Stepping aside from footy for a moment.... It sucks getting old. Aside from things hurting more and for longer, hairs getting grayer, (and in some cases translucent - that one was a surprise), it's tough to realize that everyone else is getting older too. In the past year, my community of TV production free lancers here in Texas has been shaken up by cancer - get better soon guys.
Earlier in the week, I got an e-mail from a friend of mine in Costa Rica, and my former boss on a couple of NFL shows I worked on in the 90's. Steve Sabol had passed. For those of you who don't know, Steve Sabol was the son of Ed Sabol, the man who created NFL Films. Under Steve, NFL Films would go on to become the quintessential sports production company. It would be a lie to say the news was surprising, as Steve had announced that he had a form of brain cancer last year. It was still devastating. As someone who works in the sports business, I owe a huge debt to Steve Sabol.
And it's not just because I would soak up all those NFL Films shows that would air at all hours of the night on ESPN when I was in my young and impressionable stage. I got to meet Steve and work for him for one football season. At the time, he was the King of an unbelievably successful and highly acclaimed media empire, and yet, was so down to earth, so centered, so humble, so approachable, so nice. It was a good lesson to learn: You don't have to be a jerk to make all that happen. He liked our show. That meant the world to me. Still does.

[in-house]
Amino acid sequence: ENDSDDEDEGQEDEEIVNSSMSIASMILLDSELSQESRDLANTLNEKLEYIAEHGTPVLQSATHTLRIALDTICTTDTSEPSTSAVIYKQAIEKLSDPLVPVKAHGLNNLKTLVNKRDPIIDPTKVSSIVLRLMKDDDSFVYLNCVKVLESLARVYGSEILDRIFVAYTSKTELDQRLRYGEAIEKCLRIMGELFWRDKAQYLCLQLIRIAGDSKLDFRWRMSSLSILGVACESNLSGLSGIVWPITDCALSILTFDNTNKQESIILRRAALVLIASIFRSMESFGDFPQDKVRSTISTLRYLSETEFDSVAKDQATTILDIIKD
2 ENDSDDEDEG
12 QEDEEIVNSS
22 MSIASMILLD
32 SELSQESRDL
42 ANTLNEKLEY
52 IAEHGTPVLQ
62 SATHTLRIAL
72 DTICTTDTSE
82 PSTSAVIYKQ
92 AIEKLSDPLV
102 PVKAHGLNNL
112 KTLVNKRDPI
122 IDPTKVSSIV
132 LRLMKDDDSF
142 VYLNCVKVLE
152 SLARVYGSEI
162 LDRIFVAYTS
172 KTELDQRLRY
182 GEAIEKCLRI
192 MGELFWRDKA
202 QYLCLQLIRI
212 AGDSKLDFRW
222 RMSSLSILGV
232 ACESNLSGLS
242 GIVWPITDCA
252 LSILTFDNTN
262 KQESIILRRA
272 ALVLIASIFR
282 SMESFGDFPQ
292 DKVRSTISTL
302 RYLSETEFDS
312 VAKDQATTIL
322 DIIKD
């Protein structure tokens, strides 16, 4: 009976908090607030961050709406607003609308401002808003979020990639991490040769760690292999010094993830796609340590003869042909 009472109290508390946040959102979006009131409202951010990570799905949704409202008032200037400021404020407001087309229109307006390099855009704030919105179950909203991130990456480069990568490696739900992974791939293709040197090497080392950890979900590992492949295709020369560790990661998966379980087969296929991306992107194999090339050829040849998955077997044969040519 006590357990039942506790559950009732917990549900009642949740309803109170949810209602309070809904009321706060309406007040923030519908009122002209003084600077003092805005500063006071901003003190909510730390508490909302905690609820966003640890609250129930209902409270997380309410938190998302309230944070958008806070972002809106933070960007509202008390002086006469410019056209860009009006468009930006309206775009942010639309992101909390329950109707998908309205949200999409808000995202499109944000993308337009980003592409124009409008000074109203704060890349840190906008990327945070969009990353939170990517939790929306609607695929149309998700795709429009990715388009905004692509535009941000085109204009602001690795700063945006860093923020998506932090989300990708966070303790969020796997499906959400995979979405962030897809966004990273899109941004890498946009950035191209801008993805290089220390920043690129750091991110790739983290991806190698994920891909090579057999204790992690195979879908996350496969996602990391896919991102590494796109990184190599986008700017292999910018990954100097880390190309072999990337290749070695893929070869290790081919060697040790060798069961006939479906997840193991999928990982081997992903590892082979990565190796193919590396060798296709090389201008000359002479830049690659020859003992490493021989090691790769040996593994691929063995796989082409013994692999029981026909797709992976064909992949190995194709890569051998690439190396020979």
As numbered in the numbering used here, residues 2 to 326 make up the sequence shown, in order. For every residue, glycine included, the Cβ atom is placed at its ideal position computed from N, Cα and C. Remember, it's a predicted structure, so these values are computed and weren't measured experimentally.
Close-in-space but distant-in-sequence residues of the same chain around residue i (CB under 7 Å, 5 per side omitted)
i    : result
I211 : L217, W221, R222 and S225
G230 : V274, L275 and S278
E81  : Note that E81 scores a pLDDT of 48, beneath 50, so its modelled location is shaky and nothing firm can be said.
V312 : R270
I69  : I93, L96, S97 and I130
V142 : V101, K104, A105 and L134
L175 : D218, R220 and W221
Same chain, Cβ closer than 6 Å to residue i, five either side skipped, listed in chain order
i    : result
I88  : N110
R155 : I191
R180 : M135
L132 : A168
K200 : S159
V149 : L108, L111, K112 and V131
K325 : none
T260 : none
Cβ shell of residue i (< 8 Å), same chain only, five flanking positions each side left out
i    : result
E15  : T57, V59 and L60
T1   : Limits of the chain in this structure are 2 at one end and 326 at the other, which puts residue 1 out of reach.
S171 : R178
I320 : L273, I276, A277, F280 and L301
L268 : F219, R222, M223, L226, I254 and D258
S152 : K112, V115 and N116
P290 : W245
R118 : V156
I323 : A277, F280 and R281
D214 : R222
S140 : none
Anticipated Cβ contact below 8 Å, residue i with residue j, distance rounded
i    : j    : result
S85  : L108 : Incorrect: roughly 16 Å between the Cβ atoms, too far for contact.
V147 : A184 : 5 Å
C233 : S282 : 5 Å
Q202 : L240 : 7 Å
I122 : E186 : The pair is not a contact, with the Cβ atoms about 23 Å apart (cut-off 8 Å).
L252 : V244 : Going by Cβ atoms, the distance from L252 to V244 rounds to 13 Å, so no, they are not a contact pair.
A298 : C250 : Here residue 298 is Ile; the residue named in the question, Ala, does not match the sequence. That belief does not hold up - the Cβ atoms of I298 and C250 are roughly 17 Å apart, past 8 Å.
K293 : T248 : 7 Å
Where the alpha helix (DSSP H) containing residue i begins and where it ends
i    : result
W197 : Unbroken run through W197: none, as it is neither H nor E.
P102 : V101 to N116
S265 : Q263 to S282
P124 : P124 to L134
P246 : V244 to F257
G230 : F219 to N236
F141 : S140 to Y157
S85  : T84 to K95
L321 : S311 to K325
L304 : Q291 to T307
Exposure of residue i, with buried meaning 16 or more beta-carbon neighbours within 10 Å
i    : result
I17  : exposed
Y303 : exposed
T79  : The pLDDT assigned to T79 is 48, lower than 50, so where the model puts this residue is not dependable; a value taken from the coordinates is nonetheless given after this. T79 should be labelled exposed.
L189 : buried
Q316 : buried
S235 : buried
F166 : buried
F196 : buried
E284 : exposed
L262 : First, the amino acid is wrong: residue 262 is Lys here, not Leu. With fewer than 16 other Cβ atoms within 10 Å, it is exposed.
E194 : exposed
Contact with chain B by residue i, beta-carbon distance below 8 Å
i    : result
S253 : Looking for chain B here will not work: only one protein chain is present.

Steve influenced the way I write, the way I edit, the way I produce, and the way I try to tell stories. If I can do it one quarter as well as he did, then I would consider that a huge accomplishment.
He loved football, and he loved film making, and it showed in his work. I loved the fact that despite his years of experience being in front of the camera, he was still a ham. Of course, behind the camera, he wasn't too shabby either. And his writing? Underrated, to be sure.
I was thrilled for the Sabol family when Ed was finally inducted into the Pro Football Hall of Fame last summer. It was long overdue. NFL Films helped propel the NFL to become the most successful professional sports league in the country-- one of the most successful in the world. Forgive me if I shed a few tears when I saw Steve, sans hair because of the chemo, introduce his father to the Canton crowd.
It shouldn't be long before Steve gets a bust in Canton, either.
I leave you with one if Steve's best, from the NFL 1974 - The Championship Chase...
Thanks for indulging. Now back to futbol.